Meridian, Miss. Radar-indicated, confirmed, observed and catastrophic. These are the new words the National Weather Service in Jackson is using, as a part of a new Impact Based Warning System. The system first came into play in 2012 after a historic 2011 tornado outbreak, that resulted in over 500 fatalities. NWS Jackson Warning Coordinator Steve Wilkinson was on hand Tuesday morning to speak to emergency management officials about the new system.
"If something we feel is a strong tornado, an EF-2 or EF-3, we have some wording we use," said Wilkinson. "If we feel like it's an EF-4 or EF-5, then we would use what's called "catastrophic" or tornado emergency wording. That means it's a really serious situation, kind of like what occurred in Louisville and we did use that in Louisville two weeks ago."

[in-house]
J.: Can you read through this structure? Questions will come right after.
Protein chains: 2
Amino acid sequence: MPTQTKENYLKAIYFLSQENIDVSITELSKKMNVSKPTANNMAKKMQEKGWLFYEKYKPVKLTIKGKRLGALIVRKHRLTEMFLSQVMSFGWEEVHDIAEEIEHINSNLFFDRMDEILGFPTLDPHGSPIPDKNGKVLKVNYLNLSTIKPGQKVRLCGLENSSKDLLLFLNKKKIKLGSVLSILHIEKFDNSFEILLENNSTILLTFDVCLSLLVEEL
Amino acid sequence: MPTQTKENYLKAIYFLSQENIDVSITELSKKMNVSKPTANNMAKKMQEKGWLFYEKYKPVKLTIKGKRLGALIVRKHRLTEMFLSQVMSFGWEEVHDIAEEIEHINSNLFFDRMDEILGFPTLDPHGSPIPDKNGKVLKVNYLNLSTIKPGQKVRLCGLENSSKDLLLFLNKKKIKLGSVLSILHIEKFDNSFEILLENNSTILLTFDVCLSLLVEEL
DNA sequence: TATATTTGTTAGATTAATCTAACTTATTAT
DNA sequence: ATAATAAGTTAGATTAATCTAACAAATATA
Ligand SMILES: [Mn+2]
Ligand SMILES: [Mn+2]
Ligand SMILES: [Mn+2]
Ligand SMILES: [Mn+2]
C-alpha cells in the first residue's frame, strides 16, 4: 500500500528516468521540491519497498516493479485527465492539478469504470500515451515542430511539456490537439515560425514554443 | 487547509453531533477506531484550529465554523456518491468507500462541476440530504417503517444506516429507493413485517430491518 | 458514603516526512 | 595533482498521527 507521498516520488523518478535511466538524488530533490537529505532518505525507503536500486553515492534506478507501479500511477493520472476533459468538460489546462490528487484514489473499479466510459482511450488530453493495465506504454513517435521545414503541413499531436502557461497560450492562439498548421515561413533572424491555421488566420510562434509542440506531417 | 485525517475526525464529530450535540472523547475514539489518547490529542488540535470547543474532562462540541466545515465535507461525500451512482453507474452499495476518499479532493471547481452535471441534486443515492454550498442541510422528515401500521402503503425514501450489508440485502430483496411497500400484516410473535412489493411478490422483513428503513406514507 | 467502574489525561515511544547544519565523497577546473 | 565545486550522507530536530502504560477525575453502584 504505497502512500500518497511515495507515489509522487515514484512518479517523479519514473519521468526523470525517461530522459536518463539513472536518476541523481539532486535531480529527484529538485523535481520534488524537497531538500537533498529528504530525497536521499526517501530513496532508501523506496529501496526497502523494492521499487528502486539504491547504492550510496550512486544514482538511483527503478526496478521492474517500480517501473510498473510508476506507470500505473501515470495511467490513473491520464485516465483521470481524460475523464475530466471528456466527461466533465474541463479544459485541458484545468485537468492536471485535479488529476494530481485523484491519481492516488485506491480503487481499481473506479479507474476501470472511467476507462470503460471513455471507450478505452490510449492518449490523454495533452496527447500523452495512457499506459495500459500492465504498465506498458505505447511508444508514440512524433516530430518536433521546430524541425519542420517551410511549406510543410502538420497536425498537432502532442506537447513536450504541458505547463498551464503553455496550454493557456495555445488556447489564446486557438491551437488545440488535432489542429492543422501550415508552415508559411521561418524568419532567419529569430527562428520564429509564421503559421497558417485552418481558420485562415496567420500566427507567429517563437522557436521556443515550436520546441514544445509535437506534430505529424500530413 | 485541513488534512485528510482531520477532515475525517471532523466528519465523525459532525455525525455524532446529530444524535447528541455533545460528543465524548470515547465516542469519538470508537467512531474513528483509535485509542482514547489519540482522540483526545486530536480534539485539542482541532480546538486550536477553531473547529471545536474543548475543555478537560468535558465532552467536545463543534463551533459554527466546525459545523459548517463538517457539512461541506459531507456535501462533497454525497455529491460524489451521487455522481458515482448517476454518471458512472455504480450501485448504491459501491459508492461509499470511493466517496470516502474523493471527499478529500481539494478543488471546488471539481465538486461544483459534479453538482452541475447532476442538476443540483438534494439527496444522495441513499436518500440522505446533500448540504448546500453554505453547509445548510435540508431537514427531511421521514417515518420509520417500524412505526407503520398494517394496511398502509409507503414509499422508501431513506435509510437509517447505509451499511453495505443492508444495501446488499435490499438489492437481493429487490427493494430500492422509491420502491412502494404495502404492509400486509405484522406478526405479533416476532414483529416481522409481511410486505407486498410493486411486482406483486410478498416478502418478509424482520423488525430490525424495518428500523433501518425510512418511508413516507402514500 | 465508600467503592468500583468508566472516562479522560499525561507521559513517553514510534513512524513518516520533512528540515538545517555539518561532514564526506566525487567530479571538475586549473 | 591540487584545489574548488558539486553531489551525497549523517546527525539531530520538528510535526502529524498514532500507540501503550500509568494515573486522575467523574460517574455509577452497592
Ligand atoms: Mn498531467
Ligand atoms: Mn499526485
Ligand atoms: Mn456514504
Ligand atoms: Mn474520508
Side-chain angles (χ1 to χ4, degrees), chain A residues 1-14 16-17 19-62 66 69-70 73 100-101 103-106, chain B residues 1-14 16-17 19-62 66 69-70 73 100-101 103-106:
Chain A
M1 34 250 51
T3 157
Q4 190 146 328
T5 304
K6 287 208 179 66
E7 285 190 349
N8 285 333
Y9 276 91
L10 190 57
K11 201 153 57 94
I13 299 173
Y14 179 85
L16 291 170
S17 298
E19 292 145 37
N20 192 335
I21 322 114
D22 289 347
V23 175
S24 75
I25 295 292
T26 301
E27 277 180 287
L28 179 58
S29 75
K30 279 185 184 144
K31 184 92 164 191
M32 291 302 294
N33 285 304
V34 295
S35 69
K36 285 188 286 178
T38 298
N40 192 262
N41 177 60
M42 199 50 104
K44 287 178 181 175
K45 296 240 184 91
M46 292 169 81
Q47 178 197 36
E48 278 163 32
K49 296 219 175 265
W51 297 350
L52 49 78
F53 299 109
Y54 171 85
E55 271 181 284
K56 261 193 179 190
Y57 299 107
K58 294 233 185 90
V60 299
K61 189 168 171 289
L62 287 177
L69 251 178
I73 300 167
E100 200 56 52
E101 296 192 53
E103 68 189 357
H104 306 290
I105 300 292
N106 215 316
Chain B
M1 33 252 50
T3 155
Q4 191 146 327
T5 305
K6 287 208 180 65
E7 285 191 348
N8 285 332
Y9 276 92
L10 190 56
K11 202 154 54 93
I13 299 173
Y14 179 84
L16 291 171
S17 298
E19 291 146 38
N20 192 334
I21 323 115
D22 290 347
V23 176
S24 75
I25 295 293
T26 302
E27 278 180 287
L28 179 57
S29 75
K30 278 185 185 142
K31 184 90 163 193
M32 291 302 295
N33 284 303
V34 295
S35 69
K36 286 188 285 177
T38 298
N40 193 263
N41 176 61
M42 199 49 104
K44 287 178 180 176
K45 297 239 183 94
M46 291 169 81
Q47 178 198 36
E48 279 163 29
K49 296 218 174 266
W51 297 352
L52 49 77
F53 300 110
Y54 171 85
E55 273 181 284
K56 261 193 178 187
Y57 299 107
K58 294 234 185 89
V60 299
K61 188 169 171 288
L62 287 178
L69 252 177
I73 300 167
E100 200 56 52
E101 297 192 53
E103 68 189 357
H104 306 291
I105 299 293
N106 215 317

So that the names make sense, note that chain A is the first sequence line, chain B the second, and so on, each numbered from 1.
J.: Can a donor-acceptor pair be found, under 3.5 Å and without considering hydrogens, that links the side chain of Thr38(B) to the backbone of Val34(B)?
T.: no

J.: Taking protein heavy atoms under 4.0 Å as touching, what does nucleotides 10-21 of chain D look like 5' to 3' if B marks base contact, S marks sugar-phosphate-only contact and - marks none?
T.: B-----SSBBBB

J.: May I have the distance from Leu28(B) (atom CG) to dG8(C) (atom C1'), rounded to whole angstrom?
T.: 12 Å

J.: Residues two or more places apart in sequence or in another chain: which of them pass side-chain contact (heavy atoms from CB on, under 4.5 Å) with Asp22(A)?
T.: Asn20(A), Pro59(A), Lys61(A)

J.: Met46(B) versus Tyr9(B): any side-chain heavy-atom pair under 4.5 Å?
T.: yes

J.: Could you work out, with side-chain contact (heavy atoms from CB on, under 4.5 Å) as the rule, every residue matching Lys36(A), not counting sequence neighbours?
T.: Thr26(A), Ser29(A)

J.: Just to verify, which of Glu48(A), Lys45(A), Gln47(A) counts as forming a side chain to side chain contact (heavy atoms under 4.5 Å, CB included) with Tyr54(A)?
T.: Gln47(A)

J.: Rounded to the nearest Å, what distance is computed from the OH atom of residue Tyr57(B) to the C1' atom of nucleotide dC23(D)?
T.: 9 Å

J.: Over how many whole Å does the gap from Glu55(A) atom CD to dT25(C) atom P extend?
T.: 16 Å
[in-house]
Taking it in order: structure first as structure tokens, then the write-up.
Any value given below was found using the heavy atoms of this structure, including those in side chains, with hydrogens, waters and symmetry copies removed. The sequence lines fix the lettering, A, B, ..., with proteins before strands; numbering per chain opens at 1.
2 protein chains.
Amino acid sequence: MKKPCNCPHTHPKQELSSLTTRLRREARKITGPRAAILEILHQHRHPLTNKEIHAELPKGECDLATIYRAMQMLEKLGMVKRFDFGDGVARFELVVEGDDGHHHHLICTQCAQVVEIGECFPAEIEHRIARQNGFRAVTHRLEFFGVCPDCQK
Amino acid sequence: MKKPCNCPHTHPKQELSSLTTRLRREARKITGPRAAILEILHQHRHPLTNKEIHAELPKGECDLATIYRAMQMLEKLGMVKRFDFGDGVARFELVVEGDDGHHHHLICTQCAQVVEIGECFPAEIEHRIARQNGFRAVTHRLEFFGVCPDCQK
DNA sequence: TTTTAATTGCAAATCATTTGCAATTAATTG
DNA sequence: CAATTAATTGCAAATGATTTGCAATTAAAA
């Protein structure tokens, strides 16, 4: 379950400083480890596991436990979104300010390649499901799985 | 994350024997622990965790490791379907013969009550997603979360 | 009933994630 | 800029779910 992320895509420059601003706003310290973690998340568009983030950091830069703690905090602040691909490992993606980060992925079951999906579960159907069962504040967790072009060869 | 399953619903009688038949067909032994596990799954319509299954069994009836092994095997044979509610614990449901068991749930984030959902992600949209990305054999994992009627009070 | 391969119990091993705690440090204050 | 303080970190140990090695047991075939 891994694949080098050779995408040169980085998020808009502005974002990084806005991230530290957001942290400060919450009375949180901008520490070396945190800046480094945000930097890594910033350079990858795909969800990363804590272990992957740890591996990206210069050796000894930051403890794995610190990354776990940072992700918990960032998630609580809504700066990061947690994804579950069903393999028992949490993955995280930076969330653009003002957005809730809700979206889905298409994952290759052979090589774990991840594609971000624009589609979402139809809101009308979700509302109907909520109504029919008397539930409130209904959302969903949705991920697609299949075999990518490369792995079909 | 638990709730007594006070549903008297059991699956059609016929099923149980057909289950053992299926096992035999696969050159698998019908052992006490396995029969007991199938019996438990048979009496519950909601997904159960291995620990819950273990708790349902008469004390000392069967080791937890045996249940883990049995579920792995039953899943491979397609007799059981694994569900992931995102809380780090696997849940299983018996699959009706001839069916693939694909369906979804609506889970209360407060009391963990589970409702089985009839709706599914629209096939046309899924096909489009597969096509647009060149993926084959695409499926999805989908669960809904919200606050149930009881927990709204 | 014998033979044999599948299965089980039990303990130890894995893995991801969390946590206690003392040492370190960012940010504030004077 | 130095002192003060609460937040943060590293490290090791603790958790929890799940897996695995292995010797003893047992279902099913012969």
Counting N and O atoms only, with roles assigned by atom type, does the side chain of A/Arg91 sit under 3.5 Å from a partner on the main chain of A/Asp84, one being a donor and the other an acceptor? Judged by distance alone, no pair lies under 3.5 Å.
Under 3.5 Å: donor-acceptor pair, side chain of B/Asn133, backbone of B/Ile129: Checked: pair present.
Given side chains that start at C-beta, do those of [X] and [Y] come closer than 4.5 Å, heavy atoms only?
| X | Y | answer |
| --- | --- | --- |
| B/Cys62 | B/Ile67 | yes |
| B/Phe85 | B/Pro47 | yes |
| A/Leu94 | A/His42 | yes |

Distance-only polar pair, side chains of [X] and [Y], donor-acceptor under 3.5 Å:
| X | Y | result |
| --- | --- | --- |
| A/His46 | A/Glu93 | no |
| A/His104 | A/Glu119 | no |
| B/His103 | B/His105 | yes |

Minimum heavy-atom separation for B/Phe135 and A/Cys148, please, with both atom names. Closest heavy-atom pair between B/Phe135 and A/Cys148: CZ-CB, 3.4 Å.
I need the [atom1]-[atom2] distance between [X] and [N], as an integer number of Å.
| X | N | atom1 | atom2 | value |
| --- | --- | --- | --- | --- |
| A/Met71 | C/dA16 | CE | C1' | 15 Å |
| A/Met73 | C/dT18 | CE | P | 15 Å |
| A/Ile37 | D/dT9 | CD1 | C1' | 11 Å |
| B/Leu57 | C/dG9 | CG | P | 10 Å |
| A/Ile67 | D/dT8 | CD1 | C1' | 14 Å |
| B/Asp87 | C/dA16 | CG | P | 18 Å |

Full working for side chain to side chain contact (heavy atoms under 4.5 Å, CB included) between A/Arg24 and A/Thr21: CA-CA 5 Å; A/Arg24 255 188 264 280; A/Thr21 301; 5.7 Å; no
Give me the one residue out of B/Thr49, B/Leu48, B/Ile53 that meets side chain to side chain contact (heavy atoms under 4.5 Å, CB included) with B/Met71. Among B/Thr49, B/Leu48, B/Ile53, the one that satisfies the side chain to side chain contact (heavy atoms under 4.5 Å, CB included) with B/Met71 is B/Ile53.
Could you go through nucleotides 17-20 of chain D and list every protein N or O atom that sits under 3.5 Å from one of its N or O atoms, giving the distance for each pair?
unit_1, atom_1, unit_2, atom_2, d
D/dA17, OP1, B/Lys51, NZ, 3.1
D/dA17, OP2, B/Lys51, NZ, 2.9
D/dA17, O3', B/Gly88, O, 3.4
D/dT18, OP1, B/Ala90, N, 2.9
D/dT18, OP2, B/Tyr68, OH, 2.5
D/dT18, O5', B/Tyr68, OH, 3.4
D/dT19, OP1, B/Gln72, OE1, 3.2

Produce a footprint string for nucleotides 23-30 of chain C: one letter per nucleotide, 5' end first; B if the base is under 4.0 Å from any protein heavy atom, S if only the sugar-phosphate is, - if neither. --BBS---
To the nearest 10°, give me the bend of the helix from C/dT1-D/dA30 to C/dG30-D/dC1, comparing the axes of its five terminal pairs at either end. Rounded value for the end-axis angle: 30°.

NWS offices all across the US are testing the new warning system, but the Jackson office has permanently implemented it.
April 28th was the first significant event for which the impact based warnings were used, and it has many at NWS in Jackson pleased.
"For the event on April 28th, we feel like it worked very well," said Wilkinson. "We had confirmation in our warnings. About 67% of the actual tornadoes touched down. We are never going to be 100% because of distance from the radar and certain issues like that."
With the system being fairly new, Wilkinson hopes that confidence in the warnings will grow with time.